How Neuroscience can help to solve AI

Kai Ueltzhoeffer

October 09, 2017


The ties between AI and neuroscience date back to the perceptron algorithm in the 1950s. Over the years more and more knowledge about the human brain accumulated, which is leveraged for AI solutions at an increasing rate. "Active Inference" is an emerging theory in neuroscience (Friston & al., 2010), which models human action and perception within a probabilistic framework called approximate Bayesian inference. Using state of the art deep learning techniques, the resulting optimization objective can be used directly for training deep agents as a probabilistic alternative to reinforcement learning.

Kai Ueltzhoeffer holds a PhD in Cognitive and Computational Neuroscience and is currently studying medicine at the university of Heidelberg to enhance his anatomical and biochemical understanding of the human brain. In his free time he develops Deep Active Inference Agents and writes blogposts ( about it. We are very excited to feature Kai in this two-part lecture coming up in October.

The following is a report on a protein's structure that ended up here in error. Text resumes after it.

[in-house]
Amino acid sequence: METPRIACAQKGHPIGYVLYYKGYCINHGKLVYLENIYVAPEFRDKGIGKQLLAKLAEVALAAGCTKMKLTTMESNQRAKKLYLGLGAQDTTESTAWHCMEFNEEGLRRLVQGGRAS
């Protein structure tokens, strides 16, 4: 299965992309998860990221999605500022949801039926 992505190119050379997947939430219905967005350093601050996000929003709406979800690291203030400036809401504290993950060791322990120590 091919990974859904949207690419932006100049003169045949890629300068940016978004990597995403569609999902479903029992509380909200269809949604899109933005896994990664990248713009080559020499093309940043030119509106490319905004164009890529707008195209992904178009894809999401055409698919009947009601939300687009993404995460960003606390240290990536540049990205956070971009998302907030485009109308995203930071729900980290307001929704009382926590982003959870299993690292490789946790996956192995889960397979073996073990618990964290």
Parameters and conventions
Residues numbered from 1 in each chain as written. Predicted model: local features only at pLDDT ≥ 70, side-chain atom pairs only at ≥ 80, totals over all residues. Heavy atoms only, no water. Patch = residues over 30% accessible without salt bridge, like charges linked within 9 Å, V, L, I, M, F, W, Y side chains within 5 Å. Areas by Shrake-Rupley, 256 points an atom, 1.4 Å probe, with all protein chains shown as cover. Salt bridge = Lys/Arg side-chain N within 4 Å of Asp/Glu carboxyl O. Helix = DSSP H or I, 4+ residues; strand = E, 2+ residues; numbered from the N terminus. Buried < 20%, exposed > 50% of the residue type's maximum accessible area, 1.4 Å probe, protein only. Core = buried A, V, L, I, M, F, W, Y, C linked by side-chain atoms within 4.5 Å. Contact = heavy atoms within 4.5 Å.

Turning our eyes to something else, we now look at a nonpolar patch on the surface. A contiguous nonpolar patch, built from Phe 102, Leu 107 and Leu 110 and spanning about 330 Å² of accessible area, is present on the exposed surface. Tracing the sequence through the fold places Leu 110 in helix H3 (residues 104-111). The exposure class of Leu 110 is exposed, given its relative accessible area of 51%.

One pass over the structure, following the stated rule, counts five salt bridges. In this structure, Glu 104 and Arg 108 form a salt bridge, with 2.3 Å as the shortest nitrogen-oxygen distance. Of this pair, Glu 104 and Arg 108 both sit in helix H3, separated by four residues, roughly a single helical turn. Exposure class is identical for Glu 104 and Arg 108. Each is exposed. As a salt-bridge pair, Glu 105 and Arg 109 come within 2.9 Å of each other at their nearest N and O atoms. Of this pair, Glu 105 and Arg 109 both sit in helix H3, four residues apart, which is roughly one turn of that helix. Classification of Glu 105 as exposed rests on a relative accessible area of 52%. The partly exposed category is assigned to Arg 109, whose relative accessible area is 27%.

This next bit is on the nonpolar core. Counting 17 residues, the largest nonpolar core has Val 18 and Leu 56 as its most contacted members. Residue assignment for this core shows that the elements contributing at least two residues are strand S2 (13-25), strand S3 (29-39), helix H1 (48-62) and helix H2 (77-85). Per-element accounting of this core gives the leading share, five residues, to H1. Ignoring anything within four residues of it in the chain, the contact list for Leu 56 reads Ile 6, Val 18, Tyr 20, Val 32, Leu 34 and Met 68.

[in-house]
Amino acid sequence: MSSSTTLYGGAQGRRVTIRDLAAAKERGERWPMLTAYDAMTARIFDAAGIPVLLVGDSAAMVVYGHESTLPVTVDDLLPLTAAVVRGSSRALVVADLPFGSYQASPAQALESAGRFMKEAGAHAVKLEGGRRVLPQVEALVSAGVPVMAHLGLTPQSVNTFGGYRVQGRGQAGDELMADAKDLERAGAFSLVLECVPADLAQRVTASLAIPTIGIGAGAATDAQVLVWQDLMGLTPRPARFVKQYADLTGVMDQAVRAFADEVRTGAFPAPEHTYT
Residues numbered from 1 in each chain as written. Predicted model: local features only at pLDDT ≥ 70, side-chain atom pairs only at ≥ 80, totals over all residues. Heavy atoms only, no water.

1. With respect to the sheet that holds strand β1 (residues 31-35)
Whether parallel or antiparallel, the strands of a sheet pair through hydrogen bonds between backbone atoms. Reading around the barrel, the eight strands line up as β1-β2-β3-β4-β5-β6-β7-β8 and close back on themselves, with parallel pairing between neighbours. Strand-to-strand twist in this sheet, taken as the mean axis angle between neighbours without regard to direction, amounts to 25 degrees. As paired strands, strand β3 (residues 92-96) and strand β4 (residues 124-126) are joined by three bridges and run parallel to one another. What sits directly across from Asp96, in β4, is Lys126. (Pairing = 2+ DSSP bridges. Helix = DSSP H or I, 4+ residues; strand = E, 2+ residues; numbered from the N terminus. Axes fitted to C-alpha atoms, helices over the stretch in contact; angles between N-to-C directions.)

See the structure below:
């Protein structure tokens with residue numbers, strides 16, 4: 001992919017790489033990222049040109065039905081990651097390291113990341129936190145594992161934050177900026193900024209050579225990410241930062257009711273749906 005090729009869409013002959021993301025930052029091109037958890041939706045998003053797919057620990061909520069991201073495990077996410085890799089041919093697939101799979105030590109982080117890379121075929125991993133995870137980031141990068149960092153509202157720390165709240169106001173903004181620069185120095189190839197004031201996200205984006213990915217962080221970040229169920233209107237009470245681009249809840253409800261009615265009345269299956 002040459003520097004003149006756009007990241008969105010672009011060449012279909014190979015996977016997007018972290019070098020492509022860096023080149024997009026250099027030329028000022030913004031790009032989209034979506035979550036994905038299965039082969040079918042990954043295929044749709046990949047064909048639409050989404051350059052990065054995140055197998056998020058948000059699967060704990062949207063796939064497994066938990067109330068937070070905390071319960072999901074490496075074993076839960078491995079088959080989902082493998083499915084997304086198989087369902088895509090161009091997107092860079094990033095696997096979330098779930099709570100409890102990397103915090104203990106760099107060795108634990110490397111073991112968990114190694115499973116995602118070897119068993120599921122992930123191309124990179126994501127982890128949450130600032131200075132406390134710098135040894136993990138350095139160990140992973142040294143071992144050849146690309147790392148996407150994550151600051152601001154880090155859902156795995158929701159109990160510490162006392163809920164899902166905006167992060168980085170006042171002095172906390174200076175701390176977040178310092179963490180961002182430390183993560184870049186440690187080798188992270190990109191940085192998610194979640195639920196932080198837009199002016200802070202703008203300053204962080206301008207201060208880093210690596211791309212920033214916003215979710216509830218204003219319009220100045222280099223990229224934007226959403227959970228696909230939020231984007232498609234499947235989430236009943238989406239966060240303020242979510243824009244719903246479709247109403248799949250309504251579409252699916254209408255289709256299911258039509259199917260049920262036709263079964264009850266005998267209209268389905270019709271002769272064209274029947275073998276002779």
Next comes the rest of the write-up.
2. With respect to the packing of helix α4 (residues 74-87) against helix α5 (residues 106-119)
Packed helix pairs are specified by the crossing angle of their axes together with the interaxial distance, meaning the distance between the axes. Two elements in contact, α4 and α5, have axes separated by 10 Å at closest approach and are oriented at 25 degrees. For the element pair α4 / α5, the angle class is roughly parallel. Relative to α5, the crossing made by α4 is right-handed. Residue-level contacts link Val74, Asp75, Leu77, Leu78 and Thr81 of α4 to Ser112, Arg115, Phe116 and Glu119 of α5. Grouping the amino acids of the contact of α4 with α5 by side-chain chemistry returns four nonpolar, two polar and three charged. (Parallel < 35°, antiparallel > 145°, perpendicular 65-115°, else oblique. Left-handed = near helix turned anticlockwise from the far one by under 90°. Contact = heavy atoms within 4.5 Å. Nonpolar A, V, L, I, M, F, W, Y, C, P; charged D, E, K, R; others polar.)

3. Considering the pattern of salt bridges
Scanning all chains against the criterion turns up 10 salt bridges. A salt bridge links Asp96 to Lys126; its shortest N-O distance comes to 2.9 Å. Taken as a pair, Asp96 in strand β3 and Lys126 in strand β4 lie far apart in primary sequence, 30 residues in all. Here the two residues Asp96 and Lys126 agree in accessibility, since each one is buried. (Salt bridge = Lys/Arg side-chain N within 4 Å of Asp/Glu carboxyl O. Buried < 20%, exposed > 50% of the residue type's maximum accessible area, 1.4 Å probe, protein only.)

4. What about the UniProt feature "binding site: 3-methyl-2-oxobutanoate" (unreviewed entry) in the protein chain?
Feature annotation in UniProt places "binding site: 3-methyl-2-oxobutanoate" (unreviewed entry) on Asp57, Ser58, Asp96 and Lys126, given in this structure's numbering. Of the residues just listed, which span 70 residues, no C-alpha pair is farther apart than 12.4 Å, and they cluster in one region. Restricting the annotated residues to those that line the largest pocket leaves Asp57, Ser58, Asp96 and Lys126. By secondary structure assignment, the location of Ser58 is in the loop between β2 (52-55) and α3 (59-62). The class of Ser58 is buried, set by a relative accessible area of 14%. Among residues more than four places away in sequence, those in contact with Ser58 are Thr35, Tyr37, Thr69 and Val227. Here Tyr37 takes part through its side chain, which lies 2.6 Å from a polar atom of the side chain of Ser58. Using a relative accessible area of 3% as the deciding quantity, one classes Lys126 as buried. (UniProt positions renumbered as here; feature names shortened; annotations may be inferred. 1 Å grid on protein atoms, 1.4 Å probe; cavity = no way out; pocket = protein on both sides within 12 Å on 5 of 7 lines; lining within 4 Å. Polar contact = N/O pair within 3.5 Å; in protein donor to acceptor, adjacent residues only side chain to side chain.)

Part I: "The Bayesian Brain", 9 October 2017

The first talk introduces you to the theory of Active Inference and the underlying principles of Bayesian modelling and variational inference. We get so see, how perceptual phenomena, in terms of multisensory integration and optical illusions, neurophysiological observations, such as predictive coding or the mismatch negativity, and actions, from motor responses to human choice behaviour, can be well-explained by this model.

Slides: Part I

Part II: "A Deep Active Inference Agent", 16 October 2017

While the last talk developed this theory of the human brain as an approximately Bayesian prediction machine from a neuroscientific perspective, we get to see this time how the resulting optimization objective can be used directly for training a deep agent to solve the mountain car problem and discuss possible advantages over "classic" reinforcement learning approaches. Along the way, the utilized machine learning tools such as variational auto-encoders and evolution strategies for optimization of non-differentiable objectives will be explained.

Slides: Part II